If you haven't already seen the movie you might not want to read
Brent Allsop <firstname.lastname@example.org> Wrote:
> other's claimed this wasn't a "deathist" movie. But to me the
> above kind of illogical cold and stupid thinking is the very
> definition of deathist.
There are times when death is preferable to life, like an eternal life full
of misery and ugliness and pain, the very definition of David's life in the
movie. If that's what you mean by "deathist" then I'm a deathist and
proud of it.
> like ALL other popular discussion of the future, it is
> entirely based on the "Turing test" view of lonely consciously
> isolated beings.
I don't know what you're talking about. The movie asks for no more than
what every other movie has asked since the invention of photography,
that you form an opinion of the inner subjective state of a screen character
by observing the way the character behaves. Come to think of it, that's
exactly what we do with real characters not just movie characters.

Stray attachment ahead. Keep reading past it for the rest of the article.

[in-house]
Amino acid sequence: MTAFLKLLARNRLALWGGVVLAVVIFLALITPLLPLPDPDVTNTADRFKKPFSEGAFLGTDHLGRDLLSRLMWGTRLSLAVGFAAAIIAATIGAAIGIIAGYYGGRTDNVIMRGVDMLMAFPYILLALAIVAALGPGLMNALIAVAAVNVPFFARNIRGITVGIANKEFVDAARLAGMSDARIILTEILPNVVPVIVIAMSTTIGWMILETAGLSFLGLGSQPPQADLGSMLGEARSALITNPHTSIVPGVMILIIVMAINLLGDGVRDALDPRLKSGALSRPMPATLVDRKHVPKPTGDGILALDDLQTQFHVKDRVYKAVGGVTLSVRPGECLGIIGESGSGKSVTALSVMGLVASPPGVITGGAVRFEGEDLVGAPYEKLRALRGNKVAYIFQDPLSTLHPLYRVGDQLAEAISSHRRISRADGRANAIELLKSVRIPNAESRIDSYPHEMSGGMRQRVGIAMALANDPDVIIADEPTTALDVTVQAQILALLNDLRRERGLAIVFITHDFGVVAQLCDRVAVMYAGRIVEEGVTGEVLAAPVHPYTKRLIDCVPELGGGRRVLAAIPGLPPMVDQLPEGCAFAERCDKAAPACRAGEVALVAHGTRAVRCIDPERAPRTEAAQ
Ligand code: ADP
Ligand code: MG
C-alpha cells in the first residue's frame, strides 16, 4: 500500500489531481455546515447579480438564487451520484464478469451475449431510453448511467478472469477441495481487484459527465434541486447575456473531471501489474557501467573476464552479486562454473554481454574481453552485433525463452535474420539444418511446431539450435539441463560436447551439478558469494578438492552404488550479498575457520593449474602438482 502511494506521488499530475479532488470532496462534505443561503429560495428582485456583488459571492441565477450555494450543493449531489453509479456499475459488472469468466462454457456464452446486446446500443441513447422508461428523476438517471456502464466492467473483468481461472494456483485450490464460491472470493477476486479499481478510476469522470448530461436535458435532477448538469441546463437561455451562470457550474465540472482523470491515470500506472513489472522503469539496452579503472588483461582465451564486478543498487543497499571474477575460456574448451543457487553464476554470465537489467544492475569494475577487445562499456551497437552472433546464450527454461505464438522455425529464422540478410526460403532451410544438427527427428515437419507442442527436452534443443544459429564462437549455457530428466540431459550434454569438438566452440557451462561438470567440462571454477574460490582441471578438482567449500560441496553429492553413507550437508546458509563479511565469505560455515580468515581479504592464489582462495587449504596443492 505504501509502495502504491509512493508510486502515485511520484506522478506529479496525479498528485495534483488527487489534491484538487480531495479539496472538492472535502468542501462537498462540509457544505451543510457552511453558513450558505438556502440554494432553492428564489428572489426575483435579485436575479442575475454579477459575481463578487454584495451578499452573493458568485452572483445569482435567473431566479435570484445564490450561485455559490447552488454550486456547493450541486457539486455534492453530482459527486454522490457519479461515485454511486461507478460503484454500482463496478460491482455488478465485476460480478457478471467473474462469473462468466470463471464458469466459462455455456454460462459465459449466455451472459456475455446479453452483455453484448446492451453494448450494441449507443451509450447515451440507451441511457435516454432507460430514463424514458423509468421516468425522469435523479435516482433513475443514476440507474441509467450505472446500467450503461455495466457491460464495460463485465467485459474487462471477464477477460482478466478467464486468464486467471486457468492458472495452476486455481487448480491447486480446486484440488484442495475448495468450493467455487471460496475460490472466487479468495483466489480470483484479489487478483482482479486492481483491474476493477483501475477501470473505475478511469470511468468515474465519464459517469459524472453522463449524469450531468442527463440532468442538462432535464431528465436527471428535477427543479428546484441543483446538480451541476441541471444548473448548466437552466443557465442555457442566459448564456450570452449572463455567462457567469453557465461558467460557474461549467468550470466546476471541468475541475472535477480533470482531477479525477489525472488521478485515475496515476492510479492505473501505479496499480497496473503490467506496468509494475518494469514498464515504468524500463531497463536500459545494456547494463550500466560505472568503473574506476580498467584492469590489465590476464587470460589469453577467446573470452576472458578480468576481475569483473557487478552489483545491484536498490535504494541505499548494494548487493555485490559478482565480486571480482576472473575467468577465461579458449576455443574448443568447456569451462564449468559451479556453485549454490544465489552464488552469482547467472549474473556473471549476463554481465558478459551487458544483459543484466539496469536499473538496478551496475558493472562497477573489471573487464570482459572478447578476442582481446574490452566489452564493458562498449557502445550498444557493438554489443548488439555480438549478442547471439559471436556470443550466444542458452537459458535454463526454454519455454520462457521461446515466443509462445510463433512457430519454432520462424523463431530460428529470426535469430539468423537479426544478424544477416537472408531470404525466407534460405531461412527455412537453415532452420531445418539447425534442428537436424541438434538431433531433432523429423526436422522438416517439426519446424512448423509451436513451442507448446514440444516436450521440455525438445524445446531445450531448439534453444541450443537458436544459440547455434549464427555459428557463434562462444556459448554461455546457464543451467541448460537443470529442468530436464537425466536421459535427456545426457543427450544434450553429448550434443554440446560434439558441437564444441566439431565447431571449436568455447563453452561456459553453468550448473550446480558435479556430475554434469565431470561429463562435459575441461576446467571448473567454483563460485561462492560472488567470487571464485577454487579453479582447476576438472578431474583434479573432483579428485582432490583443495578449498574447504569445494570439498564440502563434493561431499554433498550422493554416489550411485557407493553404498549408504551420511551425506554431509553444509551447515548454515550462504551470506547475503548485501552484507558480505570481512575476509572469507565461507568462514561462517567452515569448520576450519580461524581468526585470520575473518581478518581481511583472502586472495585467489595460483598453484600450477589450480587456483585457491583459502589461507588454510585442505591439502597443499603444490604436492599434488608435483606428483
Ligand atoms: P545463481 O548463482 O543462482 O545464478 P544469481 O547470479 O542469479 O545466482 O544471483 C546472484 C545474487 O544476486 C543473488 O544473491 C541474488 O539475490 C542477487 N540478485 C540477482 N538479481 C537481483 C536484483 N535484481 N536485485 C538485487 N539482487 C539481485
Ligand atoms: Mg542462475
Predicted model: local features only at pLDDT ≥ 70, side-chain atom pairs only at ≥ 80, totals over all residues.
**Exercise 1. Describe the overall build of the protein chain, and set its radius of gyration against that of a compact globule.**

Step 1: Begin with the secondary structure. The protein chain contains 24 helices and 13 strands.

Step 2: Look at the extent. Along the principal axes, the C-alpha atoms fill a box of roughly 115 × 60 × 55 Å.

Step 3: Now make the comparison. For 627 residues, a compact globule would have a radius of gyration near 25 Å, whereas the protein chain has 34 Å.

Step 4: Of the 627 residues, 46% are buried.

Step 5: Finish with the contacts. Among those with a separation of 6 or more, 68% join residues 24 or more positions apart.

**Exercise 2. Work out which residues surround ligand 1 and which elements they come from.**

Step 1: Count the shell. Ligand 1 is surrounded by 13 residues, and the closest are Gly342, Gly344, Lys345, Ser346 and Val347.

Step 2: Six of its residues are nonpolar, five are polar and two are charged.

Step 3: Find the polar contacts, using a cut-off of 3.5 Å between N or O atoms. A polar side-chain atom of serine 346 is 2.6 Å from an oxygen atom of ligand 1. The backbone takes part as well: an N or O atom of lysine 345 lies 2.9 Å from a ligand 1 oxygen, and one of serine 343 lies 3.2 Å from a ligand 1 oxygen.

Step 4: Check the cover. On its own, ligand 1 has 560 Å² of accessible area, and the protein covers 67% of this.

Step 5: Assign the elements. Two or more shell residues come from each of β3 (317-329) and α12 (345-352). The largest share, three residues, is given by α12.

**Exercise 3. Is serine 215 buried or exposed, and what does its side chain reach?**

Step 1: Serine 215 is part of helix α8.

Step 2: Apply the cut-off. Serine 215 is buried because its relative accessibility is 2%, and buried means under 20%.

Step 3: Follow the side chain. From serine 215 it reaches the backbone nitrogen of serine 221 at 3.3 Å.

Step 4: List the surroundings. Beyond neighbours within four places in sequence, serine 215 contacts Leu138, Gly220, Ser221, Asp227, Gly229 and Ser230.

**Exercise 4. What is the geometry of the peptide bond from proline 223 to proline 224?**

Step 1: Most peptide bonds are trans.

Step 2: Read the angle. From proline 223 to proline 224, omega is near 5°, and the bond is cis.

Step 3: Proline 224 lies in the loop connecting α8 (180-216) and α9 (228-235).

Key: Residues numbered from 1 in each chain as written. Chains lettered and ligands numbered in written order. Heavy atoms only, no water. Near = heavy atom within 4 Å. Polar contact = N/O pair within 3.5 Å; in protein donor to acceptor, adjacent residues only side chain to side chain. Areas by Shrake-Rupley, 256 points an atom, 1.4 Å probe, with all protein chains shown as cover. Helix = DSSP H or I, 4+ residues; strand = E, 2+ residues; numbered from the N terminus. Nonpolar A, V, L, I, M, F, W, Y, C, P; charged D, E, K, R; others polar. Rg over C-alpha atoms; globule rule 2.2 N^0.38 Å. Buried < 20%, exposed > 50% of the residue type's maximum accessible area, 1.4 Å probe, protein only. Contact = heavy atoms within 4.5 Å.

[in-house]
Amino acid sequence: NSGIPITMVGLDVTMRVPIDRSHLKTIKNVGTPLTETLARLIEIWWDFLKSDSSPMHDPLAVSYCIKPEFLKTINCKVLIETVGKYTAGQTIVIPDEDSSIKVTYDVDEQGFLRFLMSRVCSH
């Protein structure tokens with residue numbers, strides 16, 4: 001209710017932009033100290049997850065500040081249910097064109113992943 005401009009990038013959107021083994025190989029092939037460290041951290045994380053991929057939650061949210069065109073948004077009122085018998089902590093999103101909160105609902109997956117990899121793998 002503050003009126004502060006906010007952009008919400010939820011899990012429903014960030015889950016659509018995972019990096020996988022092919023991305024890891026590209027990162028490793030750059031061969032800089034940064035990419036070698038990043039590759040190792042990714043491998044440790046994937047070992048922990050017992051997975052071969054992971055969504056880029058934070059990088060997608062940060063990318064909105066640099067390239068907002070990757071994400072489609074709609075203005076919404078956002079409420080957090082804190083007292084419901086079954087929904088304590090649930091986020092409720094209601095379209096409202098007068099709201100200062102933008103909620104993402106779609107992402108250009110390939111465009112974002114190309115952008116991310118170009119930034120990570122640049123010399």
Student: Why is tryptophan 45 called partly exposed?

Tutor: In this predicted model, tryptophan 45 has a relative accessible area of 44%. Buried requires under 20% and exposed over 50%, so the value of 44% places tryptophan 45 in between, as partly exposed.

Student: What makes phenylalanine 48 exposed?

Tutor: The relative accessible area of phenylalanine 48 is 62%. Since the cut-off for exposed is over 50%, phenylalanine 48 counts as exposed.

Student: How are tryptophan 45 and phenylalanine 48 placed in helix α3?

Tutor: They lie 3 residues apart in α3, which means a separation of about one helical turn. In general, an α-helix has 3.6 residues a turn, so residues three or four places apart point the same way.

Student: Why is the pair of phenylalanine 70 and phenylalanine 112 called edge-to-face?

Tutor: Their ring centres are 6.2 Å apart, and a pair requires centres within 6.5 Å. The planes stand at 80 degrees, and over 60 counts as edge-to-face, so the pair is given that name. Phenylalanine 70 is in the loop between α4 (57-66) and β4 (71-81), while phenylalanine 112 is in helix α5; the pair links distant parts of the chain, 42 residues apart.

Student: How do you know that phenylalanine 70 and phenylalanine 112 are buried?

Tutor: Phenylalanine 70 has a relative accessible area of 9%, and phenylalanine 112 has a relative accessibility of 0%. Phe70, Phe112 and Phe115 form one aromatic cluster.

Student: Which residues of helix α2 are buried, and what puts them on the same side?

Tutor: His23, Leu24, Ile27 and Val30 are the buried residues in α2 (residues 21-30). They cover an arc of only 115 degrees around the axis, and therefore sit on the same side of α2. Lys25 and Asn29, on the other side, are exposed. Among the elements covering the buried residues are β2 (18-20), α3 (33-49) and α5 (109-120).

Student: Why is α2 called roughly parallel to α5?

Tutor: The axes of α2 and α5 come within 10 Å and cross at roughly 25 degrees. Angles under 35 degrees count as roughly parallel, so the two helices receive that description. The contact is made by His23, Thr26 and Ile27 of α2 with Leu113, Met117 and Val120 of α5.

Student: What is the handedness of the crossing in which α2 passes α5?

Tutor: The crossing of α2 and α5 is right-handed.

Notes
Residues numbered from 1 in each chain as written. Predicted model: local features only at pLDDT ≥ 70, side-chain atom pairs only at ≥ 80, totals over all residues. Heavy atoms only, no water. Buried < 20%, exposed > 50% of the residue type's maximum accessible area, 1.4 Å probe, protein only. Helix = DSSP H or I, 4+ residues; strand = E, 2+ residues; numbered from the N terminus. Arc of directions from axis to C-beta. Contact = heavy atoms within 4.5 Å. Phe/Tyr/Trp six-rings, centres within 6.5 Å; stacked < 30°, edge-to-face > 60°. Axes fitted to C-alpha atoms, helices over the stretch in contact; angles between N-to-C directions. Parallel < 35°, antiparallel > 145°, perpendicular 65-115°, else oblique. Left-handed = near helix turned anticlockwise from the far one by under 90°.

> Another utterly stupid assumption the entire plot hinged on
> was the idea that once the mother spoke the special words to the
> android boy, it would suddenly drastically change him and forever lock
> him into the mind set of only loving the person that spoke the words.
> The only thing that could be done to change such would be to destroy
> the boy. It's difficult for us to alter ourselves, but it's absurd to
> think that an android couldn't be modified.
Of course he could be modified, but if you asked David if he wanted to
undergo such a procedure so he'd no longer love his "mother" I'll but
he'd vehemently say no, I'll bet he'd fight you to the death. For one thing
such a modification would have to be so drastic he'd no longer be the
>Why would an android have to go to talk to "Dr. Know" like he did?
>Surely he would be able to, if he didn't already have it - purchase
>and install a direct interface into the world of all internet knowledge
Unfair! If you know how to depict that on screen in a visually interesting
manner then you're in the wrong line of work, you should be making movies.
John K Clark email@example.com
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